Visually, this movie is fantastic. The costumes, effects and characters are beautifully done. The airships, well, I could rave on for quite a while on how fabulous these Davincian flyers look. This entire movie is aesthetically pleasing and has quite a few steampunk elements to it.
Continue reading “John Carter”
Dieselpunk fans will be familiar with the Iron Sky project. The independent film production will depict the Nazis plotting an invasion of Earth from their secret refuge on the Moon.
In anticipation of the film’s release, Iron Sky is releasing a prequel comic adventure.
The first issue, “Bad Moon Rising,” depicts the Third Reich’s survivors in Antarctica preparing to board UFOs bound for the Moon. They will build a base on the far side of the Moon to stage another attempt at conquering the planet.
Continue reading “Nazis Take to the Moon in Iron Sky Prequel”
George Chetwynd Griffith-Jones is one of the forgotten luminaries of the classic British Scientific Romance. A best-selling author and sometime rival of H.G. Wells’ at the beginning of the twentieth century, his work has been mostly forgotten by later generations. While much of them are steeped in the opinions and prejudices of his day, Griffith’s tales contain many elements that would lay the basis for the first great boom of science-fiction.
The Astronef series is a good case in point.
Continue reading “George Griffith’s Astronef Series”
Somewhere in the remote barrenness of the former Soviet republic Tajikistan stands a group of giant snow globe-like structures, “like straight off a pulp-era dime novel cover,” as Redfezwriter puts it over at our message-board community, the Smoking Lounge.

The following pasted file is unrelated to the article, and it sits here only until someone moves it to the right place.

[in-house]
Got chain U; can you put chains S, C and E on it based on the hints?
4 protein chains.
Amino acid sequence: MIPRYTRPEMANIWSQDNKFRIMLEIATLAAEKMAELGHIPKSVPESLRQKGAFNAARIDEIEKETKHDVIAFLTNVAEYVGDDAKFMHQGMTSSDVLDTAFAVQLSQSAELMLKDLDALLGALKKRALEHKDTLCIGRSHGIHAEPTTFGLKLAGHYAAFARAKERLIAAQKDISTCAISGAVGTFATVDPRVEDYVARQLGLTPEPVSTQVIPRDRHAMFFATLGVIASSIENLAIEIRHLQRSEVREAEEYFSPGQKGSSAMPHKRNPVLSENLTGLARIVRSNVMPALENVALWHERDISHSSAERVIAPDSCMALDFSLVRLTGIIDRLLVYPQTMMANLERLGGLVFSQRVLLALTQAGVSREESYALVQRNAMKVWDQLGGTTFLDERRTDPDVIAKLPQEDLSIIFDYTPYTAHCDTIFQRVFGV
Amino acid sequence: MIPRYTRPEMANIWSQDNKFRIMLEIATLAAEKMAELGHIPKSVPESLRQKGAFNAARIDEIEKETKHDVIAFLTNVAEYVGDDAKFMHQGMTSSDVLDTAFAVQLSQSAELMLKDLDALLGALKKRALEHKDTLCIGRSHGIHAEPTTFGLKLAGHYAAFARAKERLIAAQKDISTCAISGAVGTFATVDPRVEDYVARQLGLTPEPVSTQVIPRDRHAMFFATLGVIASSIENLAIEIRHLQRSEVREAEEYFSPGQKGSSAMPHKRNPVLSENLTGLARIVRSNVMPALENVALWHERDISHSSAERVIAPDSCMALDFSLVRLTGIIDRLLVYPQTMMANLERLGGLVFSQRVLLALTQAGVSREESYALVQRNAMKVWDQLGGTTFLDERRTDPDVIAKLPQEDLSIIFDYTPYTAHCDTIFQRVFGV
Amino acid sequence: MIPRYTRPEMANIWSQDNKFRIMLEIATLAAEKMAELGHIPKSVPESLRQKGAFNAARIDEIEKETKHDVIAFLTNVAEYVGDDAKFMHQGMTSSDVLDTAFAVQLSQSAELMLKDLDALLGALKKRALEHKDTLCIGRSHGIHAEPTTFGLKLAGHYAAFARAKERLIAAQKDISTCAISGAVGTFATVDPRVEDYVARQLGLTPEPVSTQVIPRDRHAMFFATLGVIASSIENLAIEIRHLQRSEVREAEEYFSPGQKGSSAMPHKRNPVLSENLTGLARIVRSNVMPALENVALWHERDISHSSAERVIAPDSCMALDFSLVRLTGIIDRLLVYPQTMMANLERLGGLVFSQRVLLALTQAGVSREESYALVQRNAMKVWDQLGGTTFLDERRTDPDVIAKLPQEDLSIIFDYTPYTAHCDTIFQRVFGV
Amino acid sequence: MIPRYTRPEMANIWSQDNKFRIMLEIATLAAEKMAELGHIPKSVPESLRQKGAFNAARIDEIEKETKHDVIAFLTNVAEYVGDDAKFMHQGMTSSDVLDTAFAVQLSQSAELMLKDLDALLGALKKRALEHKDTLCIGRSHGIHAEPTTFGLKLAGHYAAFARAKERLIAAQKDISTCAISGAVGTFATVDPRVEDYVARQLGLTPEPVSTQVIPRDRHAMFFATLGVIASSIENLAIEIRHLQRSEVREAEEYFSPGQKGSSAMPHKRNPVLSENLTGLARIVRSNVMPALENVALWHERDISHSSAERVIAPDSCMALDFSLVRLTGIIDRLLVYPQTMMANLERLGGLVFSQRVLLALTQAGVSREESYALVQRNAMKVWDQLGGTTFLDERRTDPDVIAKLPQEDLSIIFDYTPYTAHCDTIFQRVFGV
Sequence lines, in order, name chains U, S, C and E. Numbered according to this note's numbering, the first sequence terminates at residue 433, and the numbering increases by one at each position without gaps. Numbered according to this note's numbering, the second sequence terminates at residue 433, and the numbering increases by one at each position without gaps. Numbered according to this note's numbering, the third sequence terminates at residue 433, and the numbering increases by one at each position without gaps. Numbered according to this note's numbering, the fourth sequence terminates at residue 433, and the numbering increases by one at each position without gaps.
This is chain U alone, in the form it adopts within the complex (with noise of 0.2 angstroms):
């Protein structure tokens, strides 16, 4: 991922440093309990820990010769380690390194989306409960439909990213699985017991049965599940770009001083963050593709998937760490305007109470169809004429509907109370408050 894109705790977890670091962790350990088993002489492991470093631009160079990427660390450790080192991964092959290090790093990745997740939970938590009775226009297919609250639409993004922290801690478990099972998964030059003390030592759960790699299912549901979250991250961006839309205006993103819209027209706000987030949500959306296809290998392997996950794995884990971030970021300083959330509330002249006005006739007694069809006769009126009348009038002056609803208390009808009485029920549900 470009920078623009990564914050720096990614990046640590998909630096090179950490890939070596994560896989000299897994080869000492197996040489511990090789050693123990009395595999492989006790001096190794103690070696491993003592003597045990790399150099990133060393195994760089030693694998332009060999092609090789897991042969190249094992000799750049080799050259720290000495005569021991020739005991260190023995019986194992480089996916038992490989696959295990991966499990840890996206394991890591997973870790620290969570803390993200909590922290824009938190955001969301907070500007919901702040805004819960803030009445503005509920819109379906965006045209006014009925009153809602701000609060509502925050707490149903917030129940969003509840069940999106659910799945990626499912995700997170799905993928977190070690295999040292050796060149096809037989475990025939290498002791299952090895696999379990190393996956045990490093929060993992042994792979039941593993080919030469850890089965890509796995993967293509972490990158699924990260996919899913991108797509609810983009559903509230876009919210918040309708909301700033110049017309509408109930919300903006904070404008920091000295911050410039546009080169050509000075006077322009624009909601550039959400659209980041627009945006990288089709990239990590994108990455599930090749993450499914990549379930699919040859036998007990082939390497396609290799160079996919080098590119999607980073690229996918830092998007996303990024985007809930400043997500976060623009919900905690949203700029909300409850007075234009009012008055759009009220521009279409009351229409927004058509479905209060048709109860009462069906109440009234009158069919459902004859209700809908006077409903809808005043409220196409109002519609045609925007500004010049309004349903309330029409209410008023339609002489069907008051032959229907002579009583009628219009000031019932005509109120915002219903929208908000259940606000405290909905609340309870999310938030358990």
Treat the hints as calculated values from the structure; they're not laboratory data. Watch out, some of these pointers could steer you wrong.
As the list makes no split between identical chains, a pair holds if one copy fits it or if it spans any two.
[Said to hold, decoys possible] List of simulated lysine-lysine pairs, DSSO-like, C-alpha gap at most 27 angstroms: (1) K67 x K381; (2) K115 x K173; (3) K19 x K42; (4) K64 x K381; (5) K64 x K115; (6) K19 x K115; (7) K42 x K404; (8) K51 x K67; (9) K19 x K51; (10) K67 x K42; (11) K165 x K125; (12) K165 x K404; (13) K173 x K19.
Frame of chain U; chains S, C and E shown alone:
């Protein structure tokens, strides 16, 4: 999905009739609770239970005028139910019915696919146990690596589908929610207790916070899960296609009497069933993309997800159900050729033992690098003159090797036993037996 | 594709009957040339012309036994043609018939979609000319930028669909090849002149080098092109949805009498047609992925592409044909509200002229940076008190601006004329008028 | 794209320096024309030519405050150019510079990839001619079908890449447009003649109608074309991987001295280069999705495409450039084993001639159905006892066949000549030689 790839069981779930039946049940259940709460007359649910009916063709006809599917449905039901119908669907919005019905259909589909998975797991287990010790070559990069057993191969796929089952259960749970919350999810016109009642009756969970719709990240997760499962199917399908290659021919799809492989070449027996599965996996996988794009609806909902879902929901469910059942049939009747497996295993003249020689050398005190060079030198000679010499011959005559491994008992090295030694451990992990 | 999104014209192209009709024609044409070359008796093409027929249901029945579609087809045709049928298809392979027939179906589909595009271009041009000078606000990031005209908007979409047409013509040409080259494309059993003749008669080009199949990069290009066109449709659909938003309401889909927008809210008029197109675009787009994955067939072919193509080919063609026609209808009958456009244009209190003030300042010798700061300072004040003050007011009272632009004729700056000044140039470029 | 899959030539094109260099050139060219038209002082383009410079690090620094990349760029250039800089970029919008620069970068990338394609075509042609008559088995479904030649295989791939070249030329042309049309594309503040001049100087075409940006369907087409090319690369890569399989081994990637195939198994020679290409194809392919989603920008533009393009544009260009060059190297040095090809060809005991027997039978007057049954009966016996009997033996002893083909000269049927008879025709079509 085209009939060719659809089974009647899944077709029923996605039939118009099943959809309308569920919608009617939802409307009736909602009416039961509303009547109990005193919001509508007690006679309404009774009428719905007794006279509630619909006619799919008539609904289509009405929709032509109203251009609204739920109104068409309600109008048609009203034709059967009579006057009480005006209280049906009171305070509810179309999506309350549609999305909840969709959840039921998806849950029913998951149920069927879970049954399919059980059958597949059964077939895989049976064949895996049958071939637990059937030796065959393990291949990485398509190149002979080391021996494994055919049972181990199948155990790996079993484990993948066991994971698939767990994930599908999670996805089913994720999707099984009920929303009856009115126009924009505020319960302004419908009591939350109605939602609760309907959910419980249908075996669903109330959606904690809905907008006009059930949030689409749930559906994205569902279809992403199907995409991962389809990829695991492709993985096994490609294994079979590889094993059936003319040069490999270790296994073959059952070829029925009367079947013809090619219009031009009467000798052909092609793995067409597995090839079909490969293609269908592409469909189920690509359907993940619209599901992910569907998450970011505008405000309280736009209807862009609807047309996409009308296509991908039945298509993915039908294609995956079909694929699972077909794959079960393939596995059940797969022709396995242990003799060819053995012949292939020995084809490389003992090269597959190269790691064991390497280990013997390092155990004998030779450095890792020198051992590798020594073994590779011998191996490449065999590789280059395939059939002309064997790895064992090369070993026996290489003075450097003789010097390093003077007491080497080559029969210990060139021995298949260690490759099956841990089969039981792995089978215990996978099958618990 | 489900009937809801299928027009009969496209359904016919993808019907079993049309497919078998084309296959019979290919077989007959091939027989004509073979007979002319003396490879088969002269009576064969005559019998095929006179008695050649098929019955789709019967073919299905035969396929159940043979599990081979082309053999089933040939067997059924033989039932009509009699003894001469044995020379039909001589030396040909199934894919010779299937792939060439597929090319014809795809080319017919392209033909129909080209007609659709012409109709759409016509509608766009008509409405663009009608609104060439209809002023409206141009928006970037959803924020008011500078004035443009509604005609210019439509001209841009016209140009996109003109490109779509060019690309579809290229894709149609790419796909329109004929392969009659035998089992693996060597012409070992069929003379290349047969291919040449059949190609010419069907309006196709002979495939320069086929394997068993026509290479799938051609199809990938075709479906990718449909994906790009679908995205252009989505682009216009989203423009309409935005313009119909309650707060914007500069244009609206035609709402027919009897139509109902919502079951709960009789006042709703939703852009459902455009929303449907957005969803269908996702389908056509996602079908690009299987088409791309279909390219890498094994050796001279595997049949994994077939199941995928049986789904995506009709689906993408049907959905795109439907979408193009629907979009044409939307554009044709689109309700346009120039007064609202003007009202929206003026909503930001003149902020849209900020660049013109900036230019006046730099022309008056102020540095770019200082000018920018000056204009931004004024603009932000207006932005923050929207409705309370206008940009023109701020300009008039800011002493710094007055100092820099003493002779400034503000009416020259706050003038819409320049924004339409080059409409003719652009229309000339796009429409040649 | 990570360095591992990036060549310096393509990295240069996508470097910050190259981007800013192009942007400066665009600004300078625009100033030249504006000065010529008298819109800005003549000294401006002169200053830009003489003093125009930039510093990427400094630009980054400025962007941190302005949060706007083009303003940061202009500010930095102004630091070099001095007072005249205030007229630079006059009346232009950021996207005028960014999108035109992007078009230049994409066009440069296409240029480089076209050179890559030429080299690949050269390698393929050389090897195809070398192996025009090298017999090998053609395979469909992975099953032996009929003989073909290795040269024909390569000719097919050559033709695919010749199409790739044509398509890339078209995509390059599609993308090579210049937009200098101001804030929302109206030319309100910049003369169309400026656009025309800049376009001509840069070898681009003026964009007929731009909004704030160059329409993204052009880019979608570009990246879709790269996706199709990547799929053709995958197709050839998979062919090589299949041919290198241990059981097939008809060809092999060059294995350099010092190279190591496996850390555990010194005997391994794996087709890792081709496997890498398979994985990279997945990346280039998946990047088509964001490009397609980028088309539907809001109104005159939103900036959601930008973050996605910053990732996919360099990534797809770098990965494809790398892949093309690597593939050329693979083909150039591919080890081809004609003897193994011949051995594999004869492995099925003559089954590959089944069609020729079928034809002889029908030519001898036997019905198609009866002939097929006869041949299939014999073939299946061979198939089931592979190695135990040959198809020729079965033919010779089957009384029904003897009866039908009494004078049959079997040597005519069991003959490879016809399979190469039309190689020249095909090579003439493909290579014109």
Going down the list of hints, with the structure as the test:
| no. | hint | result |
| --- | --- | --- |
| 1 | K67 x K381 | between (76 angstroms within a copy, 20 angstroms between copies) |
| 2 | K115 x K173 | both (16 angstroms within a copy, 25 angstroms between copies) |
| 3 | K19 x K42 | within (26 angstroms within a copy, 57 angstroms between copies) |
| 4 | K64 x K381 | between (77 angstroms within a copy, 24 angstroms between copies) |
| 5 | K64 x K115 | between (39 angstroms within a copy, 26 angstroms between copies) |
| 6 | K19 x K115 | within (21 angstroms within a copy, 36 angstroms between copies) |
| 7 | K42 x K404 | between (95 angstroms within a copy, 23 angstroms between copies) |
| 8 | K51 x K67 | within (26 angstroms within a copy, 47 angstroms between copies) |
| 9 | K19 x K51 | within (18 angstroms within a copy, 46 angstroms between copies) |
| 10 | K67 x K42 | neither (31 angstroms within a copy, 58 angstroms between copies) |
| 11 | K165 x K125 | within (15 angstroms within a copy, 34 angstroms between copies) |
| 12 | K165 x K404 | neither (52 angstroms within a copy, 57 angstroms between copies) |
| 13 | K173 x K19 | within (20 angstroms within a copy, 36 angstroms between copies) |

The things aren’t snow globes nor huge Pac-Macs, but telescopes monitoring the satellites Russia is still able to maintain in orbit.
Continue reading “Peering Into Space”
The sequel to Scarlet Traces (our review here) takes place in the Britain of the 1930s, with the invasion of Mars by the British Empire going badly.
We follow the Lady Charlotte, a photographer and reporter for The Interceptor, the last remaining liberal newspaper. With an insurgency in Scotland getting worse and branching into suicide attacks, Oswald Mosely as home secretary and the Commonwealth trying to withdraw its troops from Mars, Lotte manages to sneak onto the frontlines only to discover that she is stuck with the rearguard — and there is no rescue coming for them.
Continue reading “Scarlet Traces: The Great Game”
H.G. Wells’ War of the Worlds never had a sequel. Thankfully Ian Edington and the artist who calls himself D’Israeli have filled that gap in comic-book form with the formidable Scarlet Traces.
Their premise is simple: after the defeat of the Martians, Britain adapts their technologies to make themselves the world’s greatest superpower. The factories of the North are replaced with mechanical estates, the cavalry trade their horses for multi-limbed fighting machines, and homes are warmed by a spinoff of the Heat Ray. All is well in 1908 — or is it?